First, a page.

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GOP lawmakers: ‘Outrageous’ CTU members ‘bully’ lawmakers for more money

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(The Center Square) – Starting their Wednesday off with doughnuts and red T-shirts, members of the Chicago Teachers Union rolled their way into Springfield to demand more state taxpayer funding.

Only two of every 10 Black students can read at grade level, according to Chicago Public Schools data. During a news conference at the Illinois State Capitol, CTU members were asked if they were doing anything to improve reading and math proficiencies. They told The Center Square to ask CPS.

Republican lawmakers reacted to the CTU’s “Lobby Day.” State Sen. Sue Rezin, R-Morris, said she and Senate Republicans are concerned that hundreds of teachers decided to take a taxpayer-funded day off in the middle of the week to protest instead of staying in the classroom.

“On top of that, you have substitute teachers who are being paid to fill in the positions while the teachers are gone. It’s very frustrating for us to see this kind of protest in the middle of the week when teachers should be in their classrooms teaching the students,” Rezin said.

There are 646 schools in the CPS school district and one from each school were to travel to Springfield Wednesday, which means 646 teachers were given a paid day off to lobby.

CTU members were also asked during their news conference if teachers being out of the classroom was going to cause a learning disruption. Eric Waller, a Chicago teacher, said that a lot of teachers who came to the Capitol took an unpaid day. Waller, himself, confirmed he didn’t take an unpaid day.

“If you could walk in the building with us, you could take a day and see what our kids are going through. Come into a cramped classroom. That’s what is causing the educational disruption. Yeah, we are going to take that one day and advocate for our children because they deserve it,” Waller said. “Some of us had to take a personal business day or a salary day … Now CPS gave us a release day, and that’s one person per building. Anyone else who comes down with us, they’re either taking a non-paid day or a personal business day.”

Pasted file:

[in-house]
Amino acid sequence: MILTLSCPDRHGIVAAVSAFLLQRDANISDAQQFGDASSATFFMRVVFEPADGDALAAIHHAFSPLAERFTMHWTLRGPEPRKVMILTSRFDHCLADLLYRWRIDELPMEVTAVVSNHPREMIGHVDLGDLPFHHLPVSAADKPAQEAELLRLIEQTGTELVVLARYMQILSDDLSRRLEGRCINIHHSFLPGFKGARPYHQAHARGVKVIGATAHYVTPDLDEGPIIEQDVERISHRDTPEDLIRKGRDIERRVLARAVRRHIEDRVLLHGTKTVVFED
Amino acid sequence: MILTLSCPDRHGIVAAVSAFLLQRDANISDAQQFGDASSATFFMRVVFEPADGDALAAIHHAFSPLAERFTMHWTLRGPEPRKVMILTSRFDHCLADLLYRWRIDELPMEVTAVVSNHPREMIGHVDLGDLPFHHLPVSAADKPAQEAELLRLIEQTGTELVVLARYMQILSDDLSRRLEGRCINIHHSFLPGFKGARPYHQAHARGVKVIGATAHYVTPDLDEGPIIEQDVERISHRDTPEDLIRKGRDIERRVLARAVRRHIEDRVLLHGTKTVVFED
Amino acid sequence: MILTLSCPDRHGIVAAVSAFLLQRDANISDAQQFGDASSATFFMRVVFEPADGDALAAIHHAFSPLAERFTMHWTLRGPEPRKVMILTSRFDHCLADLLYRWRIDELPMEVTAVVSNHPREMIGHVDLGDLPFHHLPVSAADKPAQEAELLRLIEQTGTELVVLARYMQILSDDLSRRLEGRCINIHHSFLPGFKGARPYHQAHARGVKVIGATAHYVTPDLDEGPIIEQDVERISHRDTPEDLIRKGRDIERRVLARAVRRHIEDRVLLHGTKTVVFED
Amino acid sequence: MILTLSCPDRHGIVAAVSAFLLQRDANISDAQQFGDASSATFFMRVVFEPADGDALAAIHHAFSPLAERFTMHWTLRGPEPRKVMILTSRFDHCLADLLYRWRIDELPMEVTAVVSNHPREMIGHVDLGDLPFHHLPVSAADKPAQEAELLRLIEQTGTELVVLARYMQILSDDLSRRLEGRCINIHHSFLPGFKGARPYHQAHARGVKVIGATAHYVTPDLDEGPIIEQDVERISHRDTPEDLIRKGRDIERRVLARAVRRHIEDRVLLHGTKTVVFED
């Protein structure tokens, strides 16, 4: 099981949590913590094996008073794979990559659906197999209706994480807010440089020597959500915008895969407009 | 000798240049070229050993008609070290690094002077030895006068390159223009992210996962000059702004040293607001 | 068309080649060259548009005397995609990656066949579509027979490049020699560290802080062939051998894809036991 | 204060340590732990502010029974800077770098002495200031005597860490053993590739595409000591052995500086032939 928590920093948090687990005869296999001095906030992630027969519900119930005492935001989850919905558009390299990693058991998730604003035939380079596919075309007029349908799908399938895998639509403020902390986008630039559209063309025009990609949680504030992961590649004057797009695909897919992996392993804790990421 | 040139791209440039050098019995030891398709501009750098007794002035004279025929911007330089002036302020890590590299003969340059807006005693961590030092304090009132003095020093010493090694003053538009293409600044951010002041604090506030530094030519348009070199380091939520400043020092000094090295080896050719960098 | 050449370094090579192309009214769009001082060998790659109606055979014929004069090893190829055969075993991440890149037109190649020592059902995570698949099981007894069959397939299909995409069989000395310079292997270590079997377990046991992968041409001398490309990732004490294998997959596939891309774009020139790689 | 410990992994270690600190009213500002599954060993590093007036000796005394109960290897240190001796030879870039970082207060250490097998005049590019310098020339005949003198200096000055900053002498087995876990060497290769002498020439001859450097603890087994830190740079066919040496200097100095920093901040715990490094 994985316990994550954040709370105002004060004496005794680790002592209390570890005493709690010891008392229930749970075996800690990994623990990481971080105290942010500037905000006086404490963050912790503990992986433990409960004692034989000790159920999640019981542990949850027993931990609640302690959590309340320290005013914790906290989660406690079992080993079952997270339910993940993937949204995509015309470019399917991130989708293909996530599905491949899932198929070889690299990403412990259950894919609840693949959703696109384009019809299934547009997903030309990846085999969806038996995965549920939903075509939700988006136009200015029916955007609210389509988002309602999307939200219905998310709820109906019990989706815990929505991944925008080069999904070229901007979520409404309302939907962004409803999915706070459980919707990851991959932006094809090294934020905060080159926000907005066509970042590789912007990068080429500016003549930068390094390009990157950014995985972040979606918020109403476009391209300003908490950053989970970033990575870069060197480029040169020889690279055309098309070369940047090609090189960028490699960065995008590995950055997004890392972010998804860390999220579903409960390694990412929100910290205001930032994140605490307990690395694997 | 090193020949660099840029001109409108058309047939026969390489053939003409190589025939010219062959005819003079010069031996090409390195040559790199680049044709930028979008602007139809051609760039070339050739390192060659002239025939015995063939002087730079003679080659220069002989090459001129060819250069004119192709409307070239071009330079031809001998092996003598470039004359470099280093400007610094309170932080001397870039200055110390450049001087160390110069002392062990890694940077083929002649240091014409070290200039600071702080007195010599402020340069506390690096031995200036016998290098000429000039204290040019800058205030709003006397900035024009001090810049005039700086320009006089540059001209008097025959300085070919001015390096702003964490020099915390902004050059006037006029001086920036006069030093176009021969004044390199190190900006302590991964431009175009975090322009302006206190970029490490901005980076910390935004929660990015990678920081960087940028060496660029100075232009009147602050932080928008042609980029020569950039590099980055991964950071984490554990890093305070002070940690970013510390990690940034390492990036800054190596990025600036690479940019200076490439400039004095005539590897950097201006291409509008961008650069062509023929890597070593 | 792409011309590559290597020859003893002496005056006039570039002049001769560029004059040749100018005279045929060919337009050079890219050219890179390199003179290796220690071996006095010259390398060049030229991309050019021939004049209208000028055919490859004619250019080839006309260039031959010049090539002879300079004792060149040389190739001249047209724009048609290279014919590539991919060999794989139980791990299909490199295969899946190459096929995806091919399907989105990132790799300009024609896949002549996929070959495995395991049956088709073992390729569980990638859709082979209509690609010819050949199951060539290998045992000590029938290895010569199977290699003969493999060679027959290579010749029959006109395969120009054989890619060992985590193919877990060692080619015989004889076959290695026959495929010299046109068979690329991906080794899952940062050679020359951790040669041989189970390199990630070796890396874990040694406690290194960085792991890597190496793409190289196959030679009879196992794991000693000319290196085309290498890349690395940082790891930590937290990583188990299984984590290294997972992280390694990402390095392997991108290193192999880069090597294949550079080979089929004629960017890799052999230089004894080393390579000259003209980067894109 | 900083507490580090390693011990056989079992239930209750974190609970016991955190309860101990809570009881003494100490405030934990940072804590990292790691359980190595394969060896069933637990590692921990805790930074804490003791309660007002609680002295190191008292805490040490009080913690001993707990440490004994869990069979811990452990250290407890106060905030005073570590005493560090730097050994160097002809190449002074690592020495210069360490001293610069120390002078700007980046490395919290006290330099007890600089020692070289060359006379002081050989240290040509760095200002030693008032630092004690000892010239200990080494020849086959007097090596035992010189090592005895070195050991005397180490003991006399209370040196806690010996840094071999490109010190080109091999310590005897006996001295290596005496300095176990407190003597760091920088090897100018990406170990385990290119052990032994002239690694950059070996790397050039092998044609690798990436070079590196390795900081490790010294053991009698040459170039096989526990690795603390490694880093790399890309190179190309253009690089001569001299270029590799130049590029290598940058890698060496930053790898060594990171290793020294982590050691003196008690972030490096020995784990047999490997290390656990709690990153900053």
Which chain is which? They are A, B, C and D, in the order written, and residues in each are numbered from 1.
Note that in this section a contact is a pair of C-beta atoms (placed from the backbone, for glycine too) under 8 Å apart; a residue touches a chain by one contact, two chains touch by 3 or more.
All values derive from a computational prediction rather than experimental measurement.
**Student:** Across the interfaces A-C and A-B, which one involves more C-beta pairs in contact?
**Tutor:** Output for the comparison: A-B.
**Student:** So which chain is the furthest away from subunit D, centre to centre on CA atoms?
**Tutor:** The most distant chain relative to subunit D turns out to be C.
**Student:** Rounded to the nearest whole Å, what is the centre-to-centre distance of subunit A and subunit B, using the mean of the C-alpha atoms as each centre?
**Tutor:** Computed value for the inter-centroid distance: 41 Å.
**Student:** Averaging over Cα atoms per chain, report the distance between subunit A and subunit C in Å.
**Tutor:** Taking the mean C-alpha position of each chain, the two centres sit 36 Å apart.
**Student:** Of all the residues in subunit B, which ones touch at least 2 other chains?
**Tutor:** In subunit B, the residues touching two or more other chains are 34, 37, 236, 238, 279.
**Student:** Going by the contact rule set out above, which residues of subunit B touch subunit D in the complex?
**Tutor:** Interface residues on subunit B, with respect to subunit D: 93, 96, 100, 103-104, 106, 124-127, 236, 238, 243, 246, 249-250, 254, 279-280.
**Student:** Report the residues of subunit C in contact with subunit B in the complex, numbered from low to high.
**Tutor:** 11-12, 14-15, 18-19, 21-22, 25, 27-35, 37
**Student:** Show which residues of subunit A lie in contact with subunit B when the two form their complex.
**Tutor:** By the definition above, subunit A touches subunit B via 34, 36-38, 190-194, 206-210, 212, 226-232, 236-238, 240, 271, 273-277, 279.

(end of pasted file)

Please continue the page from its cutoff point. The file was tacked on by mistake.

Waller told The Center Square he was given the “release day” by his delegate. The release day was given to delegates, but if the delegates weren’t able to go to Springfield, they had the authority to give the day to whoever wanted to come to Springfield.

CTU has a $50 billion list of demands for a new multi-year contract with CPS. If the union gets the contract it wants, the average teacher’s salary will jump to nearly $145,000 in the 2027-2028 school year, according to the Illinois Policy Institute. Rezin said the union is asking for a 9% increase every year.

“We all agree there’s inflation but at the end of the day we have to be cognizant about what our budget is and make sure we live within our means,” said Rezin. “We feel CPS has money that they need to reprioritize as they are negotiating their contract with their teachers.”

Throughout the day, groups of CTU members were scattered throughout the Capitol looking for lawmakers to demand more state taxpayer funding. Multiple members had printouts of lawmakers’ faces and names.

State Sen. Don DeWitte, R-St. Charles, said for many years, CPS has received a disproportionate share of the state’s education resources through special carve outs and unique grants. For example, CPS gets the Chicago Block Grant, a $200 million bump written into CPS’s base as part of the Evidence Based Formula.

“Very little surprises me anymore in this Capitol building. But knowing how the scales have been tipped in the Chicago Public School system’s favor with regards to funding over the years … for the mayor and his minions to try and bully lawmakers into giving more money, claiming they are being shortchanged, is absolutely outrageous,” said DeWitte.

While heading into the Capitol, Myra Johnson, sporting a red T-shirt, yelled “we need more funding for our schools!”

CTU members were asked about CPS spending $600,000 on balloon designs. The district has spent $600,593 on balloon-related vendors since 2019, according to Chalkboard News, a K-12 news site published by Franklin News Foundation, also publisher of The Center Square. Vicki Kurzydlo, a Chicago teacher, said CTU doesn’t have any control over what CPS does with its funding in regards to balloons.

“The real question today is: let’s fund our schools. That’s the question,” said Kurzydlo.

CPS-purchased balloon displays were used to mark occasions like back-to-school, graduation or Black History Month, according to Chalkboard News.

State contributions to CPS have increased 14% since 2019. Also since 2019, there has been an 11% decline in enrollment in the district, according to DeWitte.

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